Our lab focuses on Lafora Disease (LD), which is the severest of the epilepsies. It strikes previously healthy young teenagers with seizures, which after they start never stop until the young patients dies after about 10 years of constant seizures. Our lab discovered the genes causing this disease and have made major progress understanding its pathogenesis. The two genes involved encode the laforin, a glycogen phosphatase, and malin, a ubiquitin E3 ligase. In the absence of either, neuronal glycogen is hyperphosphorylated, poorly branched, and insoluble. It precipitates and accumulates into massive neurotoxic Lafora bodies. The precise role of phosphate in glycogen is not known and exactly how the absence of these two proteins leads to the glycogen disturbance remains unclear. Meanwhile, we have shown that a mere reduction of glycogen synthesis by 50 percent completely rescues the mouse models of this disease, affording great hope for therapy for LD patients.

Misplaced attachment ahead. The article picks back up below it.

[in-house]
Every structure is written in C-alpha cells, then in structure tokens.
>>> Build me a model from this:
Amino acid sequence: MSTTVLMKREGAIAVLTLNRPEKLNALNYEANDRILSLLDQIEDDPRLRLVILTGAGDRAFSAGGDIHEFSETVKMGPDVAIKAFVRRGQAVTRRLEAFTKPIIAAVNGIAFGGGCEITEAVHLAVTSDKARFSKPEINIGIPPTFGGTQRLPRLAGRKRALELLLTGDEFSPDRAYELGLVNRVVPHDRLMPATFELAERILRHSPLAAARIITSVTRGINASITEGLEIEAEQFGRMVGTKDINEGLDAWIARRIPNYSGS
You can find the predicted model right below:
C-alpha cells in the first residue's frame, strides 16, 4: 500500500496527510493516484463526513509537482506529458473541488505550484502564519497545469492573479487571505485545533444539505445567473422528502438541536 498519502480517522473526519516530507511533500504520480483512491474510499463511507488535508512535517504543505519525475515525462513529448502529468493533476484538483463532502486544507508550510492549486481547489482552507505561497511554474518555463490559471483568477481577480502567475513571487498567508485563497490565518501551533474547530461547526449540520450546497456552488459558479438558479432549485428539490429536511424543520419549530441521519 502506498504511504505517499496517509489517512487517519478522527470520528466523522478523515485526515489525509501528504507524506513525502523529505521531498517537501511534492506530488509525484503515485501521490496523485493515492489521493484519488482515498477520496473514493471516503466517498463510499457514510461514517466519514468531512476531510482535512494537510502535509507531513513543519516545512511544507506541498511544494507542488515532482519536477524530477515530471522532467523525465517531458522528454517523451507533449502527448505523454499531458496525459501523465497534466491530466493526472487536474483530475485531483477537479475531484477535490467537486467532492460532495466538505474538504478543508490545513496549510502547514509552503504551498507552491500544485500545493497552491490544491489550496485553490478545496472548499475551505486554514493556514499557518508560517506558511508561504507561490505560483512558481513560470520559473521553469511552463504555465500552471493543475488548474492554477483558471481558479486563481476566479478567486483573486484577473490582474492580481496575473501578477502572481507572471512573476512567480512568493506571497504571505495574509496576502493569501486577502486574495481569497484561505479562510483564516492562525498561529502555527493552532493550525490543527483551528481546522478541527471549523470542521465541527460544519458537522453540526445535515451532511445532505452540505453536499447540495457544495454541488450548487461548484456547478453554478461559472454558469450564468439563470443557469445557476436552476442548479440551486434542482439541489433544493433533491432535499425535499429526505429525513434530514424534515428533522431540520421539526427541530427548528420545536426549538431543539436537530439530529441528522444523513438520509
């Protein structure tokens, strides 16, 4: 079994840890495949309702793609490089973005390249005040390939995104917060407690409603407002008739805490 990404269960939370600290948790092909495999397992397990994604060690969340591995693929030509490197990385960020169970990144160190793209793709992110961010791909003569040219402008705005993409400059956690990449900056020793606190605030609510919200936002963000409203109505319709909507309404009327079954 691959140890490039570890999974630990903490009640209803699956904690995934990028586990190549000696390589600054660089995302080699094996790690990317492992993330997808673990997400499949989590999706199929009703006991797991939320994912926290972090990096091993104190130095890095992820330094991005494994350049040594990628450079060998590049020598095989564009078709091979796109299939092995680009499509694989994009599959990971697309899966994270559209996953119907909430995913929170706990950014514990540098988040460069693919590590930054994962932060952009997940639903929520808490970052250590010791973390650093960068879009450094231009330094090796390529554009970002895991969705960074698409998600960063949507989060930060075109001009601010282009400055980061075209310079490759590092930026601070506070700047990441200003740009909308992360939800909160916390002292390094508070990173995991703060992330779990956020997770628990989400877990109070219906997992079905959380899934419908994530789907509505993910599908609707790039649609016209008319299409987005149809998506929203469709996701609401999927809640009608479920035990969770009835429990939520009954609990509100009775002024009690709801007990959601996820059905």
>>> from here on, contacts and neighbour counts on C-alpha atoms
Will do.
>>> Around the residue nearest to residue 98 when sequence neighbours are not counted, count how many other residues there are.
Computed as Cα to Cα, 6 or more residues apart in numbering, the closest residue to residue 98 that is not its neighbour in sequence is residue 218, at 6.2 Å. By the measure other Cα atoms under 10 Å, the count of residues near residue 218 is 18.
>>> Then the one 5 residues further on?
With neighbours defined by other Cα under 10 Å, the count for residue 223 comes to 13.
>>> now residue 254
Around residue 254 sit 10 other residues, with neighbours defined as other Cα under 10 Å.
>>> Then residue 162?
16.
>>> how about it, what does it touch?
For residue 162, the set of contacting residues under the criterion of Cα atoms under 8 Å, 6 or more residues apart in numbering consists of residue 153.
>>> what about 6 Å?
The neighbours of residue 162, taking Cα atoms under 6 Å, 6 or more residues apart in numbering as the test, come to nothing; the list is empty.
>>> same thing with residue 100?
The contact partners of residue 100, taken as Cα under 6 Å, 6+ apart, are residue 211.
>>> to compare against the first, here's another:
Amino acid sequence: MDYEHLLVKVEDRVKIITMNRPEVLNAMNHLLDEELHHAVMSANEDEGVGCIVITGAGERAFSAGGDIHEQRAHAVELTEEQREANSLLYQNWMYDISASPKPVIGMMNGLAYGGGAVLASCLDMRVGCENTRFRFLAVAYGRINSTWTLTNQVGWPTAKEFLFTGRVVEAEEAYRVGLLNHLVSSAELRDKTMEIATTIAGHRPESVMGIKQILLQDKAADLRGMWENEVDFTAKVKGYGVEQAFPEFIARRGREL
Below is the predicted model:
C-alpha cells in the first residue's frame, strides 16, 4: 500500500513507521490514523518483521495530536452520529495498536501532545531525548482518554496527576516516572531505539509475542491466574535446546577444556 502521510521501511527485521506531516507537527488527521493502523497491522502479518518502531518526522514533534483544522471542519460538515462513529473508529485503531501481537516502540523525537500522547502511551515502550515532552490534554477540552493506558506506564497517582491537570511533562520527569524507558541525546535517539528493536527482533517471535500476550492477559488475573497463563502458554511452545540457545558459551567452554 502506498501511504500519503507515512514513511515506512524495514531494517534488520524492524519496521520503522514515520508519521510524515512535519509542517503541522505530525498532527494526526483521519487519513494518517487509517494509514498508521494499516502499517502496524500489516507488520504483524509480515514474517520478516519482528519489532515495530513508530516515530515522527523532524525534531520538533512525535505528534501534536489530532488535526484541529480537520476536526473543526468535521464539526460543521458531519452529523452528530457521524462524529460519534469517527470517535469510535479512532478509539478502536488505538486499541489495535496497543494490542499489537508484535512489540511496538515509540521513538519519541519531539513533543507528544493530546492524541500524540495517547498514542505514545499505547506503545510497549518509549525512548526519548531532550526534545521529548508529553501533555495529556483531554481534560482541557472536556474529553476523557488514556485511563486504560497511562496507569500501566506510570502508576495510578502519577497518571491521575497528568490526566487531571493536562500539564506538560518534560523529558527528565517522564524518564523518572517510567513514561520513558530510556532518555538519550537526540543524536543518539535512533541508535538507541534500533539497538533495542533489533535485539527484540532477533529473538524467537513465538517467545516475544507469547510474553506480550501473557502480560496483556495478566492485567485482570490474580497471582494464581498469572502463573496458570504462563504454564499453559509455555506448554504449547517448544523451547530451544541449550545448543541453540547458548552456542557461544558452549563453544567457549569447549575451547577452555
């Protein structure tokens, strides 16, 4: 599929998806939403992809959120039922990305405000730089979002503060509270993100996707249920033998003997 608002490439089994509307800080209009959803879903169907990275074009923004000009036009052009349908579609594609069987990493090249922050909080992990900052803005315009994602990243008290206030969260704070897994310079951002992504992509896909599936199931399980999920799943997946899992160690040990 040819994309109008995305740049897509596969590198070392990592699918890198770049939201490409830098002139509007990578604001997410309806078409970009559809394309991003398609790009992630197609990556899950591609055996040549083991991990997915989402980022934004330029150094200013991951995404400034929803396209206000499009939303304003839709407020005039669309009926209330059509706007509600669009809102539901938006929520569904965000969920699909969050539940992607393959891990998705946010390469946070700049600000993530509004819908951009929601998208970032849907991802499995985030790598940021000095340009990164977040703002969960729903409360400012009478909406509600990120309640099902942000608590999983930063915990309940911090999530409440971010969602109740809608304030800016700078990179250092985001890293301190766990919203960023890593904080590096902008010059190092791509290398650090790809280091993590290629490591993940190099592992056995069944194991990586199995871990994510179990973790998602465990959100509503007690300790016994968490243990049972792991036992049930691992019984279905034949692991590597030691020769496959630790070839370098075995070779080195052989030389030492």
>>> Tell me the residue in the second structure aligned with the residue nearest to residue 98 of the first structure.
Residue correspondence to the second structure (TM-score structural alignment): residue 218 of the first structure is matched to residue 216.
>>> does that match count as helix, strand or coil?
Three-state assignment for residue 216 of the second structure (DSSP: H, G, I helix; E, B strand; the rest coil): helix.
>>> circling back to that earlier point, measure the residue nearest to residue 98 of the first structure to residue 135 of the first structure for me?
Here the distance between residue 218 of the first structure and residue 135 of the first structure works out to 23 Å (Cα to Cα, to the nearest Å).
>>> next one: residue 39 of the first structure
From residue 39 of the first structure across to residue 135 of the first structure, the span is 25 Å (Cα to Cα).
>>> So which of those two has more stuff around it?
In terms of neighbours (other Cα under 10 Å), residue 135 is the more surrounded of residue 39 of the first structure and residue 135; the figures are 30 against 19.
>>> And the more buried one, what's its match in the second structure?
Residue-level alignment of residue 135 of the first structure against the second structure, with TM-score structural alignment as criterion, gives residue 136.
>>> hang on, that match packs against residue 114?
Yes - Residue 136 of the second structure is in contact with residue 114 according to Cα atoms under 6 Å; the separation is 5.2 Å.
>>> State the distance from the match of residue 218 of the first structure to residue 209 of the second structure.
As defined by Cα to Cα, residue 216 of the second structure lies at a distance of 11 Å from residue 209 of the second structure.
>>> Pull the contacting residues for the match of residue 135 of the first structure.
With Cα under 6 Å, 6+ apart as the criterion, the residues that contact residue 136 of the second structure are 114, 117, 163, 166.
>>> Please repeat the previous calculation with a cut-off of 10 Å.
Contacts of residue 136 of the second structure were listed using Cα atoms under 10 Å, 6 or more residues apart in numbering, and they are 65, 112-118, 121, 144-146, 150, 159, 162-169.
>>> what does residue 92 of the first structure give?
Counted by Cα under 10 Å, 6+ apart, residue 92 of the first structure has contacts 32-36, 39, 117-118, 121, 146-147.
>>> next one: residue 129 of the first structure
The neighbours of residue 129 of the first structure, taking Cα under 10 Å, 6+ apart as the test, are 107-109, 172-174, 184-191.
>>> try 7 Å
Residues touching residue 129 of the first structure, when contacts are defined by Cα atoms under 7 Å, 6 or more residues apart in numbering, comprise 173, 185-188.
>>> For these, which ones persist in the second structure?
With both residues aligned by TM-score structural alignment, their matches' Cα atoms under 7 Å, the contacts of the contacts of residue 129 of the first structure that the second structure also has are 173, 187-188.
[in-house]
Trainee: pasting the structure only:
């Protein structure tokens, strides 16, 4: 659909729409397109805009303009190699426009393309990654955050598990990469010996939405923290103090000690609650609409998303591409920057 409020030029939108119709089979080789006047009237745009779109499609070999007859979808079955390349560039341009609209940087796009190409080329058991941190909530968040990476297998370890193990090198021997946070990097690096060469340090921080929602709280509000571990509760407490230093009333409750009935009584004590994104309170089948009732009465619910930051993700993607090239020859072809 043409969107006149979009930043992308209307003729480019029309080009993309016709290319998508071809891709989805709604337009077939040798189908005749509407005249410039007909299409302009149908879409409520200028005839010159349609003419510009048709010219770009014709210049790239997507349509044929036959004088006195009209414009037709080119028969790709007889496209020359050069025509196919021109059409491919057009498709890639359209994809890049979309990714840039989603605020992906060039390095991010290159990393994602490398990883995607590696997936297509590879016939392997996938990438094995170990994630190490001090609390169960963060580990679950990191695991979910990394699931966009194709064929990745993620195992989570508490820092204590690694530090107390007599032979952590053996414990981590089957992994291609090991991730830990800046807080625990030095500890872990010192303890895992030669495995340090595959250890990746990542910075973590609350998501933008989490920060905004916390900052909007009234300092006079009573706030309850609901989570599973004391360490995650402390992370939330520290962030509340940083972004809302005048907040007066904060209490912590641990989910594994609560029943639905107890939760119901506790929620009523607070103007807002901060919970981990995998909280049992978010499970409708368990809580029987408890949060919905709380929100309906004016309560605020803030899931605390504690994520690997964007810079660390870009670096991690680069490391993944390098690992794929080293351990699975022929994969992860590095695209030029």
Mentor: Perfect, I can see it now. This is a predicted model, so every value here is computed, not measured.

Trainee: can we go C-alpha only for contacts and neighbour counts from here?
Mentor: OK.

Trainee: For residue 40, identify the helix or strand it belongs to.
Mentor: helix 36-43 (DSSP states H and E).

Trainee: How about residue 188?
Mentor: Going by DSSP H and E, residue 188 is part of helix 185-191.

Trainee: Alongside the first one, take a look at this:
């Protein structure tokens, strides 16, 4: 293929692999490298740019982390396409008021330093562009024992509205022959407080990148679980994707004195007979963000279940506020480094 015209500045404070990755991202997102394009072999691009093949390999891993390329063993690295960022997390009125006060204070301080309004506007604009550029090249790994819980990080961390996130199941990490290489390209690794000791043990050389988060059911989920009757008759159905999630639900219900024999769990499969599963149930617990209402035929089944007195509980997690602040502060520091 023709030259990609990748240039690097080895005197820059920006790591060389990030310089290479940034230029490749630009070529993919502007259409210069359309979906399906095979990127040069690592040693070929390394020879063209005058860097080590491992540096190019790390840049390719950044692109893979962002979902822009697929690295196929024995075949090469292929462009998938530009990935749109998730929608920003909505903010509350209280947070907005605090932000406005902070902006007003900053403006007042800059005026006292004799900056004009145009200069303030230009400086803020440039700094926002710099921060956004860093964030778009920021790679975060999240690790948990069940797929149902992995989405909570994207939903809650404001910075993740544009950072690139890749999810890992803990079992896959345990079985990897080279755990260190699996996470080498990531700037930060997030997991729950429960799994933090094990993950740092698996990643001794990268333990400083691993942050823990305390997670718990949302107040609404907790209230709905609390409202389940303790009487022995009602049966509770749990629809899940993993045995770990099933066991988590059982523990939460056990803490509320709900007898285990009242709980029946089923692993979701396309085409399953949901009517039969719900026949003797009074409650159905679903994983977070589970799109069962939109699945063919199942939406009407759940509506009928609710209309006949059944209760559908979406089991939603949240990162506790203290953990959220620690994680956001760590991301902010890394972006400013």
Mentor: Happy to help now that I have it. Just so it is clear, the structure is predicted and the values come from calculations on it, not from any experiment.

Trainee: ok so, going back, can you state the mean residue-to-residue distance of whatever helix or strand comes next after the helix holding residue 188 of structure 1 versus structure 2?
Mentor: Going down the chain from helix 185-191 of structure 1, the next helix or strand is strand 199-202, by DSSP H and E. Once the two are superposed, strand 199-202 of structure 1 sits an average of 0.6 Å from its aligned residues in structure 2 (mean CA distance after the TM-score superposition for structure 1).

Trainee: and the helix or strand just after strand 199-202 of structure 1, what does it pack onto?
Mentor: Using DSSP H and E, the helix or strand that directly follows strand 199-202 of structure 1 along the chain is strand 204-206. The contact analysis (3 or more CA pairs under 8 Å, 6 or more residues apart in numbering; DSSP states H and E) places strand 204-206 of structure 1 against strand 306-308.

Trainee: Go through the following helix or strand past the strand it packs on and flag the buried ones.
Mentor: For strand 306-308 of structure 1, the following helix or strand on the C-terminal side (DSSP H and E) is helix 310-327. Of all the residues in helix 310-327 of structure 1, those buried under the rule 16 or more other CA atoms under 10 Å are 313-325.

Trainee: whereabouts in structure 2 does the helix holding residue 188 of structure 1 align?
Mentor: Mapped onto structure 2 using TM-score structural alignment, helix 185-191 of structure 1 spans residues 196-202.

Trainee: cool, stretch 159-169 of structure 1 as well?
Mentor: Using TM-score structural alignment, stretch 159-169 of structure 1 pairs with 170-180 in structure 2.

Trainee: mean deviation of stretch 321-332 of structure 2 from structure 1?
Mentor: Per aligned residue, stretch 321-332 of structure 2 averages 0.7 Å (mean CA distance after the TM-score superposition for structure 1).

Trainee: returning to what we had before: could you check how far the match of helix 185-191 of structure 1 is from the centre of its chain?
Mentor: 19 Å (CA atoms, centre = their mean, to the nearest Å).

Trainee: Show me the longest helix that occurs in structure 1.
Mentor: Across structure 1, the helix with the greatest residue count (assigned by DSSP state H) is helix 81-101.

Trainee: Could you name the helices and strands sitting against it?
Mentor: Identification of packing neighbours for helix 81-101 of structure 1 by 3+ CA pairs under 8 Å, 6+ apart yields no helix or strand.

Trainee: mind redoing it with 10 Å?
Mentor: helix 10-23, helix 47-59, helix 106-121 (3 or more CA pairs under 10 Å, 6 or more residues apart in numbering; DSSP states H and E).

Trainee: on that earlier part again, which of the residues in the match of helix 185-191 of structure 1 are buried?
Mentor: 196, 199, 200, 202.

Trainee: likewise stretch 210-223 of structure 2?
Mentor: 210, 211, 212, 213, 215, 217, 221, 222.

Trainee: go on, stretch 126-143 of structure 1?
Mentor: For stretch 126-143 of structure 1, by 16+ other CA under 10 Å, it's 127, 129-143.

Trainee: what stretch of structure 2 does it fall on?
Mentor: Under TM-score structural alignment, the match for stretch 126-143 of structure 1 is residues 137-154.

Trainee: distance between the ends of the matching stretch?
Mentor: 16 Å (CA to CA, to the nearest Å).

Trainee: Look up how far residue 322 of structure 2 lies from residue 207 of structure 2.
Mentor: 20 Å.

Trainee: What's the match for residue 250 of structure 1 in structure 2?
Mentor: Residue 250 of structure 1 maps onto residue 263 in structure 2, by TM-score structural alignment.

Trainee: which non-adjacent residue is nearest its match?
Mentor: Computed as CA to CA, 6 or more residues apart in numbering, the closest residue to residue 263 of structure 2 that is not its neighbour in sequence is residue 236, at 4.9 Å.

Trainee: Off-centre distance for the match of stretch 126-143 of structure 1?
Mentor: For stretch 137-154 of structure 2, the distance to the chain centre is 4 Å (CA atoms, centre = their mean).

We have embarked in a multipronged approach to identify inhibitors of glycogen synthase, including antisense oligonucleotides, CRISPR/Cas9 delivered by AAV9 adenovirus, and small molecule inhibitors of glycogen synthase.
Our Lafora lab, therefore, is divided into two sections; one continuing the work on understanding the precise biochemistry of the glycogen disturbance, and the other in identifying the above molecules for therapy. In addition, we have experiments underway for straight gene replacement (laforin or malin) delivery to animal models of the disease.